Edith Maude Eaton, also known by Sui Sin Far, was one of the first known half-Chinese, half-white authors to publish in the United States. She used her unique racial position to document the lives of Chinese Americans, in a way best summarized by this biography from the New York Historical Society:
“Because she was half Chinese, she could develop relationships within Chinese communities and observe daily life. Because she was half white, she could publish her ideas in notable newspapers and magazines, and easily immigrate to the United States and cross the border many times, a privilege denied most Chinese people in this era.”
With this context in mind, it’s important to see how Eaton’s mixed race was portrayed in her published works. To do this we turn to digital surrogates. In the case of our class, this term means full-text scans of archival materials, mainly first edition books. For a simple view of the surrogacy process, see this page from the “Display At Your Own Risk” digital exhibition.
For the rest of this post, I’ll refer to the digital surrogate of Mrs. Spring Fragrance, Eaton’s collection of short stories, available on Internet Archive, with the original located at the Fisher Library at University of Toronto. I selected this surrogate out of the few available on Internet Archive and HathiTrust because I think the scan job is the cleanest and seems the most true to life.
The first and possibly most striking thing to notice about this book is the cover—saturated red (see the Cornell scan for an even brighter depiction) and detailed with a gold foil scene of dragonflies and water lilies. The title is written in a font that would likely be taken as stereotypically orientalist today, and Eaton’s name is solely represented in Chinese characters. The surrogate allows us to zoom in and out, examining the ways that Eaton’s Chinese heritage was used to market a book of Chinese-American stories as “exotic” and othered. In particular, by only depicting Eaton’s name in Chinese characters, which were likely meaningless to the majority of her American readers, the cover gives an air of anonymity and mystery to the author that is only broken upon reading the title page. Seeing this cover makes me wonder how the spine looks—is Eaton’s name still in Chinese there, or is it in English? However, this particular surrogate does not include a scan of the spine.
Upon “opening” the surrogate, which is accomplished either using a task bar or by simply clicking the pages, I was immediately taken in by the large watermark design of birds and blossoms that lies behind the text on the page. Fascinatingly, this pattern is present on every single page of the book, to a point that it’s almost distracting. Eaton’s name appears in Chinese characters at the bottom right corner of every spread, never letting the reader forget that they’re reading something by a Chinese author, another way the publisher chose to capitalize on Eaton’s uncommon ancestry. Part of the reason I selected this particular scan is that the pattern seems to balance well with the text—in others, it’s either too light to pick up or is so dark that the text is illegible. I think the fact that this pattern is present shows the power of this digital surrogate—it would likely not appear in an e-text or modern edition. However, it also shows some limitations of the digital surrogate through the wide array of scan qualities. It’s impossible to know exactly how these watermarks appear in an original copy.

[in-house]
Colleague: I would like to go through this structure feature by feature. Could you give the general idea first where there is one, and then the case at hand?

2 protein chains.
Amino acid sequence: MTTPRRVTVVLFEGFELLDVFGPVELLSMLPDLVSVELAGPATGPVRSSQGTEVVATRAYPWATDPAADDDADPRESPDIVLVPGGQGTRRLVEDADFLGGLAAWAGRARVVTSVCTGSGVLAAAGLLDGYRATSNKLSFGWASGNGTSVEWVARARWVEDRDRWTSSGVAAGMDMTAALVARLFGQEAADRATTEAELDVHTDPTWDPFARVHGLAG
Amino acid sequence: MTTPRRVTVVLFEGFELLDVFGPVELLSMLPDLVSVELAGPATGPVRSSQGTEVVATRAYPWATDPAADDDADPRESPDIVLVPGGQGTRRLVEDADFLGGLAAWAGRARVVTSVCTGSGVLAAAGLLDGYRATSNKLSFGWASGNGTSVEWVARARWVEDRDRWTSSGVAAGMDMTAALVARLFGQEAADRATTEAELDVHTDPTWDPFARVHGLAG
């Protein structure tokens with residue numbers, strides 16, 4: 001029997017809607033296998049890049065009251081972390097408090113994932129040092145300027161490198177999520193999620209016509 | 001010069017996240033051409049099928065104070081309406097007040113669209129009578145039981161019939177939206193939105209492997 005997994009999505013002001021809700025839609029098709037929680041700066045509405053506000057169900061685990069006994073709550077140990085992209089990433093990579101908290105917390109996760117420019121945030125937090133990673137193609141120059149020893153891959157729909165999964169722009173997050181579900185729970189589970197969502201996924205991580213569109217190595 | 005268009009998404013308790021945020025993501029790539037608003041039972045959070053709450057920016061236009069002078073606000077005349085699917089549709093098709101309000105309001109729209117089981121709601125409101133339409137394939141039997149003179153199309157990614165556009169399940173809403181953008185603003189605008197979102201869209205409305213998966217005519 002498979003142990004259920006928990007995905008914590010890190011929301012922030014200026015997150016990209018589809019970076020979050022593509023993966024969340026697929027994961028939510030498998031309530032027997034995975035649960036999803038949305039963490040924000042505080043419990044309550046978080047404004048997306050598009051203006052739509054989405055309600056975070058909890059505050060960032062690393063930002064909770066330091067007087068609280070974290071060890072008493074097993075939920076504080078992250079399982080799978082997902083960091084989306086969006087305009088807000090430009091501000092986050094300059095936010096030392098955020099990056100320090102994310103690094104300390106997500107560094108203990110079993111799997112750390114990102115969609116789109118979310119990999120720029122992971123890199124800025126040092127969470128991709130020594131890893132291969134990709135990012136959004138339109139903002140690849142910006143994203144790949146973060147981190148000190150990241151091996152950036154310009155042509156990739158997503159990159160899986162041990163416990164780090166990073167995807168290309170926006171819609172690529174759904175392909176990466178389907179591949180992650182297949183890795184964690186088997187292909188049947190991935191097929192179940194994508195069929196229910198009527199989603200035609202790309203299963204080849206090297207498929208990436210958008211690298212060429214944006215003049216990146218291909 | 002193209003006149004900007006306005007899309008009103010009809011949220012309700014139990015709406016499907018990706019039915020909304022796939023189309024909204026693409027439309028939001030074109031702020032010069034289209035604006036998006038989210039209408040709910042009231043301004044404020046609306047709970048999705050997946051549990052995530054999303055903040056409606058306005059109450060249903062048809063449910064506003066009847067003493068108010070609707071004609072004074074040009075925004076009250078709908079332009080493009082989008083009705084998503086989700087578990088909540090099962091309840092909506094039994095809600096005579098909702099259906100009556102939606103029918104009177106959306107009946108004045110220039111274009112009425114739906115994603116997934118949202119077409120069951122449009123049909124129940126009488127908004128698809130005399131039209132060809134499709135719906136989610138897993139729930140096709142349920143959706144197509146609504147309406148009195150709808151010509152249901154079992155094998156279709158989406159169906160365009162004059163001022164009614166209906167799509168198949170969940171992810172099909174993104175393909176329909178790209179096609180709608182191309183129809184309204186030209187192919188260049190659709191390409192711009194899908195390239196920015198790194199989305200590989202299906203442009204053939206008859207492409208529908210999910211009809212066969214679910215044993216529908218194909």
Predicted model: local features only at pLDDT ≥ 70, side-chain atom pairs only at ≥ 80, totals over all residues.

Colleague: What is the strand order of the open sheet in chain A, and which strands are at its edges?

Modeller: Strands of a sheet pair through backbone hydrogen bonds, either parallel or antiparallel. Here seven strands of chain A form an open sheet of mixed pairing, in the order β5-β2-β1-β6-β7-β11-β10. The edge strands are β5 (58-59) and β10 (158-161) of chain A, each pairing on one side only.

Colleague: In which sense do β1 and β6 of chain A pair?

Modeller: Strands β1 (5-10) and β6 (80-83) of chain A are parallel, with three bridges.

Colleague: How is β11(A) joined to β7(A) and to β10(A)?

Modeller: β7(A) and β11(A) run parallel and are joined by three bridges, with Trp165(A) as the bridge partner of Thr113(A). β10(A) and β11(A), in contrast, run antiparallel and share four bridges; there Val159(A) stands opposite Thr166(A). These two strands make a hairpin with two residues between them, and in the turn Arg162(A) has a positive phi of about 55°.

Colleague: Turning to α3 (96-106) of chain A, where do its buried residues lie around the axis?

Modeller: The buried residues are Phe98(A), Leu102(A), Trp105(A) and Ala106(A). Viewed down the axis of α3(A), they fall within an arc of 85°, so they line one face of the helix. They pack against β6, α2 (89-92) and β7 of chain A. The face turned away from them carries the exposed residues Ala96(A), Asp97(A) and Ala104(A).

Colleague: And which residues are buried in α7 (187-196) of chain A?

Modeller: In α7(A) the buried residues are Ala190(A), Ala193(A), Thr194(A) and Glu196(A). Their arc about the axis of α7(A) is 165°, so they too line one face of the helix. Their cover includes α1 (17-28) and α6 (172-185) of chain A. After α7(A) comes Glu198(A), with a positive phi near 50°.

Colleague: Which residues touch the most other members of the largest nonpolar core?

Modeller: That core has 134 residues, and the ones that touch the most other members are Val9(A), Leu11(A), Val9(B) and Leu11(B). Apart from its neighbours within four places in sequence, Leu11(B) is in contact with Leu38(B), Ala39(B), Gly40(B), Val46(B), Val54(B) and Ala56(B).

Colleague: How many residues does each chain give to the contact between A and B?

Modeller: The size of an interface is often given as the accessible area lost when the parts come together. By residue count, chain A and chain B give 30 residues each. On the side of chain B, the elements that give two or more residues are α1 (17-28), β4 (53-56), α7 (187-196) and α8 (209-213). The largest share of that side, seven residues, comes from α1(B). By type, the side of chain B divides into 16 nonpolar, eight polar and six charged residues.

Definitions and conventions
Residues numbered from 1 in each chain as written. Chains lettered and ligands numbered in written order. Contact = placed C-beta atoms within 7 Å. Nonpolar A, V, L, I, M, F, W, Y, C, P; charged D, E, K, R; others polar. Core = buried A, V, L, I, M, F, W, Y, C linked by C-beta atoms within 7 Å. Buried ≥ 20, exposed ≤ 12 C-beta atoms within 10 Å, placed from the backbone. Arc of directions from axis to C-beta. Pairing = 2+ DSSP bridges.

The Internet Archive interface allows users to search for specific phrases within the scan, something incredibly useful and unavailable in physical books. There’s also a full description of the item and links to download the scan in a wide range of formats, including a text-only format useful for increasing accessibility. However, for all of these convenient features, the digital surrogate can’t capture everything about its original object. For instance, while curious about the spine and watermarks, I was also left wondering about the physical footprint of the book—exactly how bright red is it, how large, how does it look beside other books? Are there any unusual physical details (paper quality, materials) that are impossible to convey over scan?
Overall, I think this digital surrogate allows a unique and important look at a book that hasn’t received much recent attention. In contrast to Zora Neale Hurston and Zitkála-Šá, other women of color authors we’ve examined who were republished starting in the 1970s, renewed interest in Eaton’s work has only seemed to pick up in the past few years. As of now, there hasn’t been a sleek Penguin Classics edition of Mrs. Spring Fragrance, and so for many people this digital surrogate is likely the closest they’ll get to a print edition of Eaton’s work. So, while the surrogate has a handful of shortcomings, it’s a powerful and accessible way to view the work of an often overlooked author.
Far, Sui Sin. Mrs. Spring Fragrance. Chicago: A. C. McClurg, 1921. Print.
“Life Story: Edith Maude Eaton.” Women & the American Story, New York Historical Society, wams.nyhistory.org/modernizing-america/xenophobia-and-racism/edith-maude-eaton/.